Food

The Fascinating Reason Why Banana Flavoring Doesn't Taste Like Real Bananas

If you've ever eaten banana-flavored foods like Runts, Laffy Taffy or Jell-O Pudding then you know that their unmistakable taste is nothing like that of the actual yellow-peeled fruit.

While most artificial food flavors rarely taste 'natural', banana flavoring is actually closer to the real deal than you would think.

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According to Food & Wine, "it's not that the fake banana flavor doesn’t taste like bananas, it’s that bananas don’t taste as flavorful as they used to."

There's a very interesting, but somewhat complicated reason why the banana-like flavor our taste buds are used to is significantly different from a real banana.

Are you ready to have your mind blown?

In the first half of the 20th century, Americans were eating a much bigger, sweeter and overall more flavorful type of banana called Gros Michel or 'Big Mike.' The fruit was native to the Americas and was grown in plantations across central America until the 1950s when Panama Disease, a fungus that affected bananas since the 1800s, began to destroy the crops.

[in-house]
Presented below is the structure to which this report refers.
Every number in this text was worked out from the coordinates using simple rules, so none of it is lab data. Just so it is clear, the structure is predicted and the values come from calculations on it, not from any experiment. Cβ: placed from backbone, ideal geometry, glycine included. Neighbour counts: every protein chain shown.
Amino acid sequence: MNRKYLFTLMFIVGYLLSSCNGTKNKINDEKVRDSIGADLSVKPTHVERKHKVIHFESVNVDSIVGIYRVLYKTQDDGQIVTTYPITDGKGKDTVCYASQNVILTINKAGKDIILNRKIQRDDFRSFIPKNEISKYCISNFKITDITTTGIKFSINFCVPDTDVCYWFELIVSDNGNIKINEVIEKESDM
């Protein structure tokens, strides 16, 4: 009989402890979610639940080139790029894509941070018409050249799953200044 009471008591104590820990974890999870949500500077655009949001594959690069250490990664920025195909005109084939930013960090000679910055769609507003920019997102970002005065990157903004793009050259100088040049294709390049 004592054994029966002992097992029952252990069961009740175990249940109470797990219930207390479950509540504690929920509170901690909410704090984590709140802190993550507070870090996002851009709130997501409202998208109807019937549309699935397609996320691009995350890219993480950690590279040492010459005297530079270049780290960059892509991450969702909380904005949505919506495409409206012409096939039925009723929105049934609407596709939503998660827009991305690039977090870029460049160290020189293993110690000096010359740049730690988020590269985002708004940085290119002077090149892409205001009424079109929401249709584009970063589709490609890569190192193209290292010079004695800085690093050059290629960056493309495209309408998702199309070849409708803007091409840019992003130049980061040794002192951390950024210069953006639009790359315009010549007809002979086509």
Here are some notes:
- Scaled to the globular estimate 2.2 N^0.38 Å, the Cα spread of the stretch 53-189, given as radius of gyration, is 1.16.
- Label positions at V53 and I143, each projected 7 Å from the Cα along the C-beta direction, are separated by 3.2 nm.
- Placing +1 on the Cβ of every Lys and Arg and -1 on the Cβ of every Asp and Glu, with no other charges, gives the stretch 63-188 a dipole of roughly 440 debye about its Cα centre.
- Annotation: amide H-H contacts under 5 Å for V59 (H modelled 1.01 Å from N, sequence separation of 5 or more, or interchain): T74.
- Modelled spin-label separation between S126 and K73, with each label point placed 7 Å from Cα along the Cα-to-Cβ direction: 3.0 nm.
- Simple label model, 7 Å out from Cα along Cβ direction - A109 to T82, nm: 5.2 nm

By the 1960s, the Gros Michel became extinct.

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It wasn't long before a blander and pathogen-resistant cousin of the Gros Michel, the Cavendish, was discovered. The original crops were replaced with this new fruit which we are still eating today.

As far as the legend goes, the pungent banana note we taste when eating candies and certain artificially flavored foods is different from the Cavendish because it is based on the Gros Michel.

This explanation sounds believable, but does it hold true? Synthetic organic chemist Derek Lowe doesn't think so.

“It sounds very, very unlikely to me,” he told BBC. “The thing is, banana can be mimicked most of the way with a simple compound called isoamyl acetate. Many chemists know it as ‘banana ester’ and anyone who smells it immediately goes, ‘banana!’ ”

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As for the origin of the Gros Michel myth? Hawaiian banana farmer Rob Guzman may have an explanation.

The banana expert grows 35 different varieties of the fruit including the Gros Michel and he agrees that the flavor is almost artificial like.

“It’s almost like what a Cavendish would taste like but sort of amplified, sweeter and, yeah, somehow artificial. Like how grape flavoured bubble-gum differs from an actual grape,” he explained. “When I first tasted it, it made me think of banana flavourings.”

So perhaps the explanation that banana flavoring tastes like the Gros Michel is not so far fetched.